In January – February 2017 the journals of the American leftist organization Solidarity (Solidarity and Against the Current) published a stimulating article by Sam Friedman entitled ‘Creating a Socialism that Meets Needs’. The author considers how production decisions might be made in a socialist society. Here I summarize and comment on his argument.

Does complexity rule out meaningful democracy?

When socialists speak of democracy we mean something very different from the concept the mainstream media provides. Instead of giving you permission to vote for some toff or careerist to serve and define your political interests (improbably) for five years we insist that any meaning democracy must entail the involvement of the community at every level in political/economic decision making.

When confronted by this definition of democracy our rulers and their media are incredulous and produce a torrent of reasons why this is impractical at best and political madness at worst. Most of the objections are ideological and do not deserve any serious consideration but there is one that has to be discussed: Does our technological culture depend almost entirely on the expertise of a minority of specialists whose knowledge cannot be easily understood by the ‘layman’ and is therefore inaccessible to democratic debate and decision? Are these ‘technocrats’ the only ones with the talent and ability to make decisions concerning, for instance, scientific research and technological application?

If socialism had to be summed up in a single phrase we could say that it was conscious social control of all aspects of life, including the production and distribution of wealth. This is why Marx once spoke of real history only beginning with socialism, by which he meant that humans had until then been the victims of natural scarcity (low productivity imposing hard labour and material shortage on the bulk of the population) and. under capitalism, of blind economic forces beyond their control; pre-history would end with the end of capitalism as the establishment of socialism would precisely put social life under conscious human control; in socialism the human race would be carrying out their own desires and decisions.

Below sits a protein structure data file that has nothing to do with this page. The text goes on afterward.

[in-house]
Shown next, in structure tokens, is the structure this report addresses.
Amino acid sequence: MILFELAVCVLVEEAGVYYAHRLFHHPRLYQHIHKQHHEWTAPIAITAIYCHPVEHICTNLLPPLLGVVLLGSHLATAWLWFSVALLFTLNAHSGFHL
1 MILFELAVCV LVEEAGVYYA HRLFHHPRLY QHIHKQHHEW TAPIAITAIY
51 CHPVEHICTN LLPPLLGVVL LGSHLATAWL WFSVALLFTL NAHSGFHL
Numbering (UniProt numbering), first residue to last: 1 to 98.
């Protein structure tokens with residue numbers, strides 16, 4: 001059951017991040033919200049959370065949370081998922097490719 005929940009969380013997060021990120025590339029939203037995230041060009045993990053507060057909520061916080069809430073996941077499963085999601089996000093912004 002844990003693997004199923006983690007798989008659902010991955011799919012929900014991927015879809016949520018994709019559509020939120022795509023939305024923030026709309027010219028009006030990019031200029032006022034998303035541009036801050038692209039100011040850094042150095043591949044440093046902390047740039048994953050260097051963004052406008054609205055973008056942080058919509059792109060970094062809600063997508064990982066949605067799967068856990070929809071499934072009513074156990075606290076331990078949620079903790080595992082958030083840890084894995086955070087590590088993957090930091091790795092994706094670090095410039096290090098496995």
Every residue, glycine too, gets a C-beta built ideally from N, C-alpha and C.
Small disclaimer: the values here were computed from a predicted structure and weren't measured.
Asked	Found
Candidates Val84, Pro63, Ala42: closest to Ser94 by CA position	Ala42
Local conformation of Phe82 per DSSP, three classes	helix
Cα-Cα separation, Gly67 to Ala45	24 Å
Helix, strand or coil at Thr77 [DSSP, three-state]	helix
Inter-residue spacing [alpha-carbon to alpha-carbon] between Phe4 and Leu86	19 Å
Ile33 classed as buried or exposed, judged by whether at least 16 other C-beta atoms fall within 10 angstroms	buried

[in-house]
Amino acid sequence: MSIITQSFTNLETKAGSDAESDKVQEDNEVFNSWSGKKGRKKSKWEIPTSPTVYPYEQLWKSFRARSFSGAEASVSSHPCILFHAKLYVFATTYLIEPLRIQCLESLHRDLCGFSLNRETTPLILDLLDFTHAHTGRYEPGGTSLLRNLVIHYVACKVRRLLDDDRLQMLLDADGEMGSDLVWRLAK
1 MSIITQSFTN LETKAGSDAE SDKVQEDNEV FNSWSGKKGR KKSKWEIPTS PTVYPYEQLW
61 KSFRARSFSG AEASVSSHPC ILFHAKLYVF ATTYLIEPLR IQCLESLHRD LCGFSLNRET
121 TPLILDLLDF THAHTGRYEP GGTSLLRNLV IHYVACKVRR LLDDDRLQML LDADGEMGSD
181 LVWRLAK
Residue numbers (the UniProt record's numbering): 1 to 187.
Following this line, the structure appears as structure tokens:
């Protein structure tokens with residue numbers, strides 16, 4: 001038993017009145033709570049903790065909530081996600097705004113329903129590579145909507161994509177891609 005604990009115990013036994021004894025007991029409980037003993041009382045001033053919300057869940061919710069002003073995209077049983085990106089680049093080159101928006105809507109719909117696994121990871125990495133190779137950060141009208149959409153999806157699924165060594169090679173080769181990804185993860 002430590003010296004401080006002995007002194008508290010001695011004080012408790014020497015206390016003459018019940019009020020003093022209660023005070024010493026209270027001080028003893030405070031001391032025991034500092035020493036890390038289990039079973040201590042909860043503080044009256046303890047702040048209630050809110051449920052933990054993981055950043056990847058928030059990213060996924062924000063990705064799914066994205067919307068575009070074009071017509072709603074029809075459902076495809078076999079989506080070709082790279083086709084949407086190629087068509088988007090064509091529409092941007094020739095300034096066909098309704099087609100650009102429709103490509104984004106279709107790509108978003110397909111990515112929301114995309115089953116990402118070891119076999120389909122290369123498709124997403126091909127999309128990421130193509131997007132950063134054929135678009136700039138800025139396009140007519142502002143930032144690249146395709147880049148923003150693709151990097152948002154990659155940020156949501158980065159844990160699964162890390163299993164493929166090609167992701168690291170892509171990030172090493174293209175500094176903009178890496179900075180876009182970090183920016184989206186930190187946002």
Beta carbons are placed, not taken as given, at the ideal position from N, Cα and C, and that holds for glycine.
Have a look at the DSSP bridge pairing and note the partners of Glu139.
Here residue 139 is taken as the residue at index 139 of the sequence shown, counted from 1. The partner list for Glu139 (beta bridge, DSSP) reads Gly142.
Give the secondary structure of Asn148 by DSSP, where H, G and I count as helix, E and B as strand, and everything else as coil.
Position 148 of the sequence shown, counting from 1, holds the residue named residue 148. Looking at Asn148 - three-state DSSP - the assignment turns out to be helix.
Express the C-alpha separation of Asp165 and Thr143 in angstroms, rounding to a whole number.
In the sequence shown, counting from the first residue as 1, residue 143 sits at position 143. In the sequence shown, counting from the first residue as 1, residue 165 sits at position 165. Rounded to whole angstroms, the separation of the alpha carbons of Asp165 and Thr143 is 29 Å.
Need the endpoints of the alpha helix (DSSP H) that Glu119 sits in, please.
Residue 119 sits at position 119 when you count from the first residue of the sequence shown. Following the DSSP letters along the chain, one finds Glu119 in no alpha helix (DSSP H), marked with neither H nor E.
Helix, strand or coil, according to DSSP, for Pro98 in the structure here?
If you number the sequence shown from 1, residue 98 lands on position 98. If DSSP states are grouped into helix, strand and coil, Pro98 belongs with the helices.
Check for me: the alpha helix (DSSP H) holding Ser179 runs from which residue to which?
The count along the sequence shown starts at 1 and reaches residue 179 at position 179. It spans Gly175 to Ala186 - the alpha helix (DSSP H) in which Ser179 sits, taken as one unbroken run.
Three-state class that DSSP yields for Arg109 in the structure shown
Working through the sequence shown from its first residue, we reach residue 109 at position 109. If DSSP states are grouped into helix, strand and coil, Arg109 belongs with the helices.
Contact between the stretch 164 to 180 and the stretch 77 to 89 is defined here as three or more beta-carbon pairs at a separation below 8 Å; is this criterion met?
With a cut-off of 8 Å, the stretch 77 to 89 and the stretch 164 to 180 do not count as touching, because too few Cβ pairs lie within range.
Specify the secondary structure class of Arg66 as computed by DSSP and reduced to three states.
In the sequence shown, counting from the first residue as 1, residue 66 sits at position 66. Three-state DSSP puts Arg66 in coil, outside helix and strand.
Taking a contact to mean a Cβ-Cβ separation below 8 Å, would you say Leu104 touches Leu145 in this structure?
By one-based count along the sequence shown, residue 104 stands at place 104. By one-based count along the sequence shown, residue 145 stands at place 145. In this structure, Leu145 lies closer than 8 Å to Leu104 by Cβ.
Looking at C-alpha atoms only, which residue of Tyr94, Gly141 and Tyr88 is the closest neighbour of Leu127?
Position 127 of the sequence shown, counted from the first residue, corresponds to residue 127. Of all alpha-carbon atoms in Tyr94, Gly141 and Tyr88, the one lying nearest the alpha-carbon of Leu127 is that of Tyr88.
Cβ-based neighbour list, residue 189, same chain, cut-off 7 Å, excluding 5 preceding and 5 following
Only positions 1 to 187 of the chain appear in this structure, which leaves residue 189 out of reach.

What will give humans this freedom in socialism is the fact that all the Earth's resources, including the means for producing wealth, will have become the common heritage of the whole of humanity. Actually, this is just another way of saying that the world will belong to nobody: there will be neither property nor territorial rights over any part of the globe. Humanity will therefore be free to organise its social life in accordance with its wishes. To do this—to decide on and carry out its wishes—humanity will have to organize itself, inevitably democratically, since if decision-making were left to a permanent minority they would constitute a new owning class.

In the World Socialist Movement, we are accustomed to saying that socialism will be a society of free access.However, one obvious but rarely clarified question is: free access to what? Even if everything produced is made freely available to people, how will the range of goods and services to be supplied be determined?

One answer might be: if producing a thing is technically possible and if someone somewhere wants it, then it will be supplied. But most people might feel that a single individual should not have so much leverage over others work. A rule might be established that a new product will be supplied once a certain number of people have registered a request for it. The number of requests required could vary, depending (say) on the difficulties involved in providing the new product, but also on how essential it was to those asking for it. Thus, specialised medications and prosthetics would surely be prepared even for very small numbers of people suffering from rare conditions  something that capitalist firms are reluctant to do because it is unlikely to yield a profit.